Whether you opened your first pack in 1957 or 2007, seeing the first boxes of baseball cards of a new season turns an ordinary Wednesday into a holiday. Sure, we’ll have moved on to some other product by the first official day of spring but for now, it’s a mid-winter celebration we can all use.
It was 2017 Topps Series 1 release day across the U.S. on Wednesday. Hobby shops held box breaking parties, collectors who don’t live near one made a lunch time run to Target or Walmart and the hobby got a big jolt of national publicity.
After months of teases, we get to see what the cards look and feel like, sort through cases and boxes to see if there is anything we weren’t expecting and begin to piece together complete sets of Series One.
The MLB Network crew ripped into a box live on air:
A @MikeTrout, a @ClaytonKersh22 and a @LaurenShehadi card! What else did we find in our 2017 @toppscards Series 1 packs??? #ToppsMLBNetwork pic.twitter.com/iA6rb9IDW2
— MLB Network (@MLBNetwork) February 1, 2017
While it’s old hat for some, young players were tweeting about seeing their rookie cards for the first time.
My rookie card is in 2017 Topps Baseball in stores now. Tag me in a pic with a picture of my rookie card! #ToppsPartner @toppscards pic.twitter.com/1Xh7VCWqzh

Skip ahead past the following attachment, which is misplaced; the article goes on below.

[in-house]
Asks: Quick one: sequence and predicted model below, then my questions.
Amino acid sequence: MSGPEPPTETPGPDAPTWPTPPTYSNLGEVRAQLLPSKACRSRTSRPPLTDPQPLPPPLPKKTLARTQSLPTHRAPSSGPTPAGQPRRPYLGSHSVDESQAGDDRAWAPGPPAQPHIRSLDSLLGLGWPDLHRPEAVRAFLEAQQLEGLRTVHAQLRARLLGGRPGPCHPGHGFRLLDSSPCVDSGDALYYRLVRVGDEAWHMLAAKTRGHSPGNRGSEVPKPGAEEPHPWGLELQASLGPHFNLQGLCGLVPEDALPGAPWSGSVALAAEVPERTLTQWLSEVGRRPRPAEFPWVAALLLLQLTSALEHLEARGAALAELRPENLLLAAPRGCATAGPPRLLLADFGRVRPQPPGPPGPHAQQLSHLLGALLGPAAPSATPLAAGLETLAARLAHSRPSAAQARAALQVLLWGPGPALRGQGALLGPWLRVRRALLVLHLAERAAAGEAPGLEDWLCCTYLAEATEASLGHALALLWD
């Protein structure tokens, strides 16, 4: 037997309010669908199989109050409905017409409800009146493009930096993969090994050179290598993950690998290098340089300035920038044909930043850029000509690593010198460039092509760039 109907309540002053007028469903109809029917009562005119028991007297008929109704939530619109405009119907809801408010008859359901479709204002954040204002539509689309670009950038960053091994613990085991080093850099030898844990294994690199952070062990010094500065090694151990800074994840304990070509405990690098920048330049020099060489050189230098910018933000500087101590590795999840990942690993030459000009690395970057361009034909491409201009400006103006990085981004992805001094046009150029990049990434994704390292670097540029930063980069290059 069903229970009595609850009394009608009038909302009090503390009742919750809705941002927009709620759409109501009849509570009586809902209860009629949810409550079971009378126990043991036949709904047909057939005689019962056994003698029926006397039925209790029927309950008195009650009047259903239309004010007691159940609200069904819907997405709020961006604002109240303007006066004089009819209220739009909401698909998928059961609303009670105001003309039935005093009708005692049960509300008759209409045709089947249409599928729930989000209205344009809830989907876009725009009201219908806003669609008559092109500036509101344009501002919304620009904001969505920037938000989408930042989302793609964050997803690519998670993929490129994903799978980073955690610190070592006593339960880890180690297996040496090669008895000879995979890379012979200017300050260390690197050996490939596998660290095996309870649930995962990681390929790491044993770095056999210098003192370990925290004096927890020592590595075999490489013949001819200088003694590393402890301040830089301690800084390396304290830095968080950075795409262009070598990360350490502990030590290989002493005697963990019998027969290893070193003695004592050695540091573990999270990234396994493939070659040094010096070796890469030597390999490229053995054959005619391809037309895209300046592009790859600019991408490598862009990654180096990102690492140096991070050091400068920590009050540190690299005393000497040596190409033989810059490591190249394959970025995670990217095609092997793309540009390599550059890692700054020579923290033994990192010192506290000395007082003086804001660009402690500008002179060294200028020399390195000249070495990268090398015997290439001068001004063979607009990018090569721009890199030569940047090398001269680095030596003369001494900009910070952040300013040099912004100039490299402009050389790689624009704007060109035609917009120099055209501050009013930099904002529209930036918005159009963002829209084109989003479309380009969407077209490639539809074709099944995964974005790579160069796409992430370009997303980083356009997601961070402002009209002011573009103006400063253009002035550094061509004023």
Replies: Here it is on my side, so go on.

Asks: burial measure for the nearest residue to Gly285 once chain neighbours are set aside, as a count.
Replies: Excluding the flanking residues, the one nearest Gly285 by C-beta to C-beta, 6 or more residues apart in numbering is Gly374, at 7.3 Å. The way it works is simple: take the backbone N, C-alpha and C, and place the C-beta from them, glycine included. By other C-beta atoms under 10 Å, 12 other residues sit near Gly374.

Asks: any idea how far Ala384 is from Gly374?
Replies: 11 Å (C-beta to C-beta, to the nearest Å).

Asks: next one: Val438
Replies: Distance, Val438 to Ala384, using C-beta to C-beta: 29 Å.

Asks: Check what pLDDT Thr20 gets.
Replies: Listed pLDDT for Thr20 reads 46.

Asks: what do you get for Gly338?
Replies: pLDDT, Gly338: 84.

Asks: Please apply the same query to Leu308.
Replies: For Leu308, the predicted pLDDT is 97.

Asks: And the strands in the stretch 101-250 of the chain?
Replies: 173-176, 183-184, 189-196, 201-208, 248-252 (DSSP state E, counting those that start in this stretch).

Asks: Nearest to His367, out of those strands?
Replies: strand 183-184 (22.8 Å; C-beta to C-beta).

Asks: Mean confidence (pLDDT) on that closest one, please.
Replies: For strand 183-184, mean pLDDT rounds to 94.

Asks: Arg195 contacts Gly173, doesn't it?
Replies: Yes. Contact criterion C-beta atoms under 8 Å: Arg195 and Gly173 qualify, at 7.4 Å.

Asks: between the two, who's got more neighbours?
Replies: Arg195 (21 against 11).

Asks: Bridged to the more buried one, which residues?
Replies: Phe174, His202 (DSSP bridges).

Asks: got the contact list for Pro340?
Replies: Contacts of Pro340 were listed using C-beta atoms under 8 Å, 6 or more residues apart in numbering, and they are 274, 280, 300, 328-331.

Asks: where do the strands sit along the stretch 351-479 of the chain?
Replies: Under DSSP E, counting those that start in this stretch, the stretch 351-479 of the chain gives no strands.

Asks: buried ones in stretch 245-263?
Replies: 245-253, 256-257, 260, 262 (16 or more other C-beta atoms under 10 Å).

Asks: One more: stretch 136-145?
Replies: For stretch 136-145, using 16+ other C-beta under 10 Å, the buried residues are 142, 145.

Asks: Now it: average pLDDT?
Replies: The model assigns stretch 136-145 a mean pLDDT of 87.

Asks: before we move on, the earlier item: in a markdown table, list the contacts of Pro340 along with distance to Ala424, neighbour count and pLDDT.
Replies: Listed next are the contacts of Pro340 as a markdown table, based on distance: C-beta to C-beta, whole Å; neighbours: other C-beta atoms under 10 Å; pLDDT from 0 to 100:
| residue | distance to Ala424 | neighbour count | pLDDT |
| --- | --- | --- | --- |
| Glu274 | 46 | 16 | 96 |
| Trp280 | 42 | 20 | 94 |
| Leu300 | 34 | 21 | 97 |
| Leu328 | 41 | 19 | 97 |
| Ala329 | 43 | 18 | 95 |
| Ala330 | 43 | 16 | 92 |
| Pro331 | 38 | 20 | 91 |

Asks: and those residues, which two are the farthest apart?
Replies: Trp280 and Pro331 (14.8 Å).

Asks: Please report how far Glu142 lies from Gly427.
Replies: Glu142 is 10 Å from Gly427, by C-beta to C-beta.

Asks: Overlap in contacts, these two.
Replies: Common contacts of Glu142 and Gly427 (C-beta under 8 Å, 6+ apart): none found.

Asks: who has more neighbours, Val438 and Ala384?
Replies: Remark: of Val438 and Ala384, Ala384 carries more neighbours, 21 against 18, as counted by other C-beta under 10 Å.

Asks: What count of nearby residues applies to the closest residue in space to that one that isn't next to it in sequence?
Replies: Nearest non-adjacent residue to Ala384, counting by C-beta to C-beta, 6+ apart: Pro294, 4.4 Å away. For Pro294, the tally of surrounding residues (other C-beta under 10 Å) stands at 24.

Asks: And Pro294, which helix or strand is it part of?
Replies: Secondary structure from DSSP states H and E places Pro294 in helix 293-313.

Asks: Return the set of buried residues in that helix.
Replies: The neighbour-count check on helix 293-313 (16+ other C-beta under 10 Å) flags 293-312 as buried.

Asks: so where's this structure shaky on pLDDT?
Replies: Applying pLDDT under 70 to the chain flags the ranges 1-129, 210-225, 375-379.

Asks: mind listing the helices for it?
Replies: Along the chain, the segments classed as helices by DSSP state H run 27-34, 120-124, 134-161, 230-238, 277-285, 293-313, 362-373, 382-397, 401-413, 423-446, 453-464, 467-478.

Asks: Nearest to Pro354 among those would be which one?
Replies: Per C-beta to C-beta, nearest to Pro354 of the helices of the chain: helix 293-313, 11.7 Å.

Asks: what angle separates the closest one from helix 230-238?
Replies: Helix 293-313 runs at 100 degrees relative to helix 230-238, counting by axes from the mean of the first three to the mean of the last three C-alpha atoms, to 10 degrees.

— Andrew Benintendi (@asben16) February 1, 2017
Hobby dealers were breaking cases and offering some insight on what they discovered.
These are approx 1:10 jumbo cases, I hit my 1st in case 14 (these take the place of last year’s Glove Leather Autos) pic.twitter.com/eU9zc5lXDy
— Brent Williams (@brentandbecca) February 1, 2017
Wiliams, by the way, says he sold 630 base card sets he’ll piece together through cases he and his employees will open. We found some 350-card base sets for sale with free shipping here.
Master sets will require a massive bankroll. Topps has apparently eschewed the regular short prints but produced a large number of very difficult to find “super short prints” including the usual photo variations (some tougher than others). There are, in fact, numerous variations created to honor the recently retired David Ortiz. You can see some of those tough-to-find cards that have been pulled already and listed on eBay by clicking here.
If you’re wondering how to spot a variation, check the code on the back of your cards.
Looks like the codes for 2017 Topps Base and SSP cards are Base cards end in 1730, SSP end in 1786. #2017Topps
— DPMsportcards (@DPMsportcards) February 1, 2017
Two million original cards from past issues of Topps baseball have been inserted into packs. They’ll also be in other products, including Series 2, Topps Baseball Update, Heritage, Allen & Ginter and Bowman. The Ultimate Card Giveaway includes a blend of newer and vintage cards.
Topps is selling 24-pack and 10-pack boxes of Series One on its website as well as some newly released and very limited 5×7 versions of several of the insert sets that can be found in packs.
For more information and articles pertaining to 2017 Topps Baseball, visit the ‘Related Posts’ section directly below.
If you’ve opened up a box or case (or more), share your thoughts on our Facebook page.